While I do not believe Adam's first sin was his silence (God never judges or rebukes him for this) I do believe men are guilty of silencing their God-given partner. Koessler warns complementarians from using Scripture to push a certain social construct and control over women, one of which is manifest in calling stay-at-home mother's as those who are accepting "God's highest calling." As one woman friend tells him, "My children are grown and out of the house. So when I hear people say that a woman's 'highest calling' is to be a wife and mother, I find myself wondering if there isn't anything else for me to do for Christ."
This is precisely what some complementarians have done to women, in their eagerness to uphold the excellent work of mothering, they've allowed all other valuable, excellent jobs, vocations, ministries to pale in comparison. This is not what Christ teaches, which Koessler points out in detail in his article. I mention this here because of a recent post and long, dedicated discussion many of you contributed to the topic of stay-at-home mothering. To read this spirited, kind exchange go to "When Religion Hurts Women."
In a follow-up article, Dr. Sarah Sumner warns egalitarians (those who believe women and men should serve in any capacity in which they are gifted be it elder, deacon, pastor, teacher) in her article "Wounds from a Friend: Egalitarian" that egalitarians need to be careful to use carefully exegeted passages to defend their belief in women's public ministry, not political ideologies (and I'd add gut feelings like, "I feel very strongly that women should be permitted to preach.") Egalitarians must be careful about taking Scripture out of context, not slapping just one definition of "head" on I Cor 11, to be wary of a marriage where there is no mutuality, but only independent individuals operating without the other's input or love and to guard against a genderless church.
This last point is a problem I've noticed in the egalitarian movement. It is a problem that worked it's way into an answer in my first book, Ruby Slippers: How the Soul of a Woman Brings Her Home. I'd like to share a short excerpt from chapter five, "A Natural Woman" the footnotes follow below.
Our bodies change the way our souls work. Our very experience of life is female. This difference goes beyond baby-birthing, nursing and menopause . . .
Women have dieted, tanned, styled, dyed, and even cut their bodies in order to get that one marketed look. Few women have observed and lived with their bodies intentionally enough to enjoy owning them, as they are, right now, not next month when I might be able to squeeze into my skinny jeans or after I have a baby when my breasts might swell a bit bigger. Not ten years ago when my stomach was a prepubescent flat washboard, but learning to be “in” my body and accept it right now. We don’t want our bodies, particularly not if they’re vulnerable vessels. This discontentment over our bodies’ vulnerability is the first place we need Christ’s help—to show us that women’s bodies are a good thing
My body is something I get to give over to my husband, a difficult task unless I actually believe that it is mine, part of me, and that my body is a good thing. I know women who smirk and grimace when their husbands praise their bodies—confident that he is misguided, blind or lying, or embarrassed to have attention called to their flesh. They don’t believe him or anyone else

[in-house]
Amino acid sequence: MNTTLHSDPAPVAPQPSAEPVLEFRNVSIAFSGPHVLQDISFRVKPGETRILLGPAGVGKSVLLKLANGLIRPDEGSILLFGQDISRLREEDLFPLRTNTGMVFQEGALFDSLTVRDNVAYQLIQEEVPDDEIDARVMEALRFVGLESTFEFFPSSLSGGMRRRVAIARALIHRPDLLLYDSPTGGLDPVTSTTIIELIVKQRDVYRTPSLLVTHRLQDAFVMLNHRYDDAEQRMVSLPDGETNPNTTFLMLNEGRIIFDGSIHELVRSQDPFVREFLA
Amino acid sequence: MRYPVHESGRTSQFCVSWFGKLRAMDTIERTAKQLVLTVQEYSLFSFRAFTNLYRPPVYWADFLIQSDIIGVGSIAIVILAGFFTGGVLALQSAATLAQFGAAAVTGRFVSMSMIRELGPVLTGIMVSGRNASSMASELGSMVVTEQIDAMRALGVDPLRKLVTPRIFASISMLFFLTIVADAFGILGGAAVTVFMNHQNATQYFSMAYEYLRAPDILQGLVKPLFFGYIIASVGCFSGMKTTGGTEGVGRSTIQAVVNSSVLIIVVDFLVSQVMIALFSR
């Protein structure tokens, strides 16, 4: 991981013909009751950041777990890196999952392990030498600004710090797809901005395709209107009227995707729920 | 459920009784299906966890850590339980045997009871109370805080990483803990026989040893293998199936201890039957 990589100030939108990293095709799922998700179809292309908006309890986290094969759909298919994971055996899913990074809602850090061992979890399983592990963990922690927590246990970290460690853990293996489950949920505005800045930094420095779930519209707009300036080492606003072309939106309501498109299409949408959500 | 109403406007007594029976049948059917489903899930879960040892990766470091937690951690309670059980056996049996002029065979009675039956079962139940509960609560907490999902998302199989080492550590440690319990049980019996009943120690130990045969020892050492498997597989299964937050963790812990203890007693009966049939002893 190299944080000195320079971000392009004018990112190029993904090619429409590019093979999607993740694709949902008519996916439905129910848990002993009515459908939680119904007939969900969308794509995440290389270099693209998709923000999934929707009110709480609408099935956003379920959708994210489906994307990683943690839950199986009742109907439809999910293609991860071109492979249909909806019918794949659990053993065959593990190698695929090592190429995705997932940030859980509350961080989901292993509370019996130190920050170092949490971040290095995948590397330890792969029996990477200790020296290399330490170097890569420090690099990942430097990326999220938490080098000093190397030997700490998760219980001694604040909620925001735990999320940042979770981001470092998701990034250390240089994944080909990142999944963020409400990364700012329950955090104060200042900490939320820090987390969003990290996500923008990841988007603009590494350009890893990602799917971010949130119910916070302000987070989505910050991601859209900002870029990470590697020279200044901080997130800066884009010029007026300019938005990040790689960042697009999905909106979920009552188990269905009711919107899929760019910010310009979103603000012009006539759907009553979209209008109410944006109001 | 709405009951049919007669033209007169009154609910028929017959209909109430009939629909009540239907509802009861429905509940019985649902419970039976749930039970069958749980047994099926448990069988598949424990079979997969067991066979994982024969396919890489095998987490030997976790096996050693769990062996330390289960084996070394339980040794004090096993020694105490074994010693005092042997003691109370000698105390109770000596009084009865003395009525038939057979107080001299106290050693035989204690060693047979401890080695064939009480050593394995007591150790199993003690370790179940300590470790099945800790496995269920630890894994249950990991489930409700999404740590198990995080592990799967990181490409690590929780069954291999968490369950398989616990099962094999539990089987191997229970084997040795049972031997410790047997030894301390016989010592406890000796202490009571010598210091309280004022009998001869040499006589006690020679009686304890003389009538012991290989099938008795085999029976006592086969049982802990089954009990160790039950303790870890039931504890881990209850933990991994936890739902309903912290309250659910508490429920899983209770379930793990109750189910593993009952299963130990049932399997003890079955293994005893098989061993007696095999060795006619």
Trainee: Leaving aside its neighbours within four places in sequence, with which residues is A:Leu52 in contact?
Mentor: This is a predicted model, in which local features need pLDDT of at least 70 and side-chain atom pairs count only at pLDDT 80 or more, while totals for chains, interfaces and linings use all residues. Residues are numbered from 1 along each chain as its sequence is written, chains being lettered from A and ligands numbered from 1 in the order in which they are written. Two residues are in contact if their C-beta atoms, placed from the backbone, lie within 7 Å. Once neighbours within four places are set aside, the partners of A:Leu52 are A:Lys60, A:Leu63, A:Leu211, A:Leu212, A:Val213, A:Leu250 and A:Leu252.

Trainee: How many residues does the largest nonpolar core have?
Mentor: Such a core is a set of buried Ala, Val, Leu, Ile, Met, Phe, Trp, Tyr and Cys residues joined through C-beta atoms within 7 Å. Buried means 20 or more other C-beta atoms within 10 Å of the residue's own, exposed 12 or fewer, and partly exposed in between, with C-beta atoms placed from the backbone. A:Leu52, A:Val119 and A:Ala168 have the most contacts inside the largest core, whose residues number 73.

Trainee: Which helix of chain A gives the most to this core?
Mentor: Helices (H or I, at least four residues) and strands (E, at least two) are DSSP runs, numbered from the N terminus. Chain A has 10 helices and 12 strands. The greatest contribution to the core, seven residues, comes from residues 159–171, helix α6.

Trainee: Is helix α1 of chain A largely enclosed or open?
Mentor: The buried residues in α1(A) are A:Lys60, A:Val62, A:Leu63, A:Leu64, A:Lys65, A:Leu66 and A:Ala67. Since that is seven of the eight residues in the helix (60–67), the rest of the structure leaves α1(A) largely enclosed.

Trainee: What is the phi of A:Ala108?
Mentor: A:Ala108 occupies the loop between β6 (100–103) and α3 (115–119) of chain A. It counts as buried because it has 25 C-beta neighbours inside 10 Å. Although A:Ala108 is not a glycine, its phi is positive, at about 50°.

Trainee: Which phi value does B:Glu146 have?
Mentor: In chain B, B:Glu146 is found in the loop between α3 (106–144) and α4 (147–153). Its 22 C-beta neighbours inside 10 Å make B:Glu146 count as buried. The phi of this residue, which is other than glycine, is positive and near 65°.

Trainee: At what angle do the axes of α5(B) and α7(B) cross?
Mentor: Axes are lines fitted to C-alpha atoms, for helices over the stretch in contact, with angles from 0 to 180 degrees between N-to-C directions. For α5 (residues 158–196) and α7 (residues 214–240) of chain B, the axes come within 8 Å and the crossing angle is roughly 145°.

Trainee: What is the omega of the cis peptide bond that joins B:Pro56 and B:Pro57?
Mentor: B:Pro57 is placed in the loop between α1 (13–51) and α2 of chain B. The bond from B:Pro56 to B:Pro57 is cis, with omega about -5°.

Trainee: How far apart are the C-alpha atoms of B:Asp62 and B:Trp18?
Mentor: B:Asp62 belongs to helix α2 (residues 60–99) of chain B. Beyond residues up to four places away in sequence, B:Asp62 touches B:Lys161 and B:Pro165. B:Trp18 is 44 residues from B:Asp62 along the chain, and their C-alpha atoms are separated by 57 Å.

Until my body and soul are really my own possessions, I cannot present them to anyone. Writer Virginia Stem Owens asks a grippingly good question, “Can I be friends with myself if I am not friends with my body?” To be friends with our bodies is a good form of self-possession, allowing us to own ourselves enough to be capable of giving ourselves away to God and others. What if we re-defined our bodies with Christ as our first consultant, not fashion, models or my own hurtful standards? What if I asked Christ what he thinks of thick thighs, thin calves, flabby arms and love handles? He may be more concerned at our attitudes towards our bodies than our bodies themselves. My body is something I get to steward, to love, to cherish, to be “in,” to give, until death do us part. After death, I get a new one and I’m not certain it will look all that drastically different from this one. Job says, “In my flesh, I will see God.” It may be time to learn to like what I have been given.
 This is perhaps the most egalitarian statement in Scripture: “The wife does not have authority over her own body, but the husband does; and likewise also the husband does not have authority over his own body, but he wife does. Stop depriving one another” (1 Corinthians 7:4-5). We get to give our bodies to one another.
 Owens deftly illustrates and struggles with the identity she feels with her body. This short story covers her encounter with a lump in her breast, her mother’s Parkinson’s, and her daughter’s horror at old ladies’ bodies. In the end she refuses to surrender her questions to the TV commercials or her HMO. It is this kind of honest body attention that women need to practice together. “The Message in the Body,” Image: Art, Faith, Mystery 48 (Winter 2005): 90
 Job 19:25-26. A thought to ponder: Do you think your femininity is something about you that you keep, even when your body is gone? In other words, do you think you will interact with God in heaven as a woman, or as an androgynous soul? When Jesus says that our resurrected bodies will be like the angels neither marrying nor giving in marriage, does he mean we lose our soul’s gender or just the earthly institution of marriage? Perhaps he means to point out that the exclusivity of marriage will be superseded, even outdated in the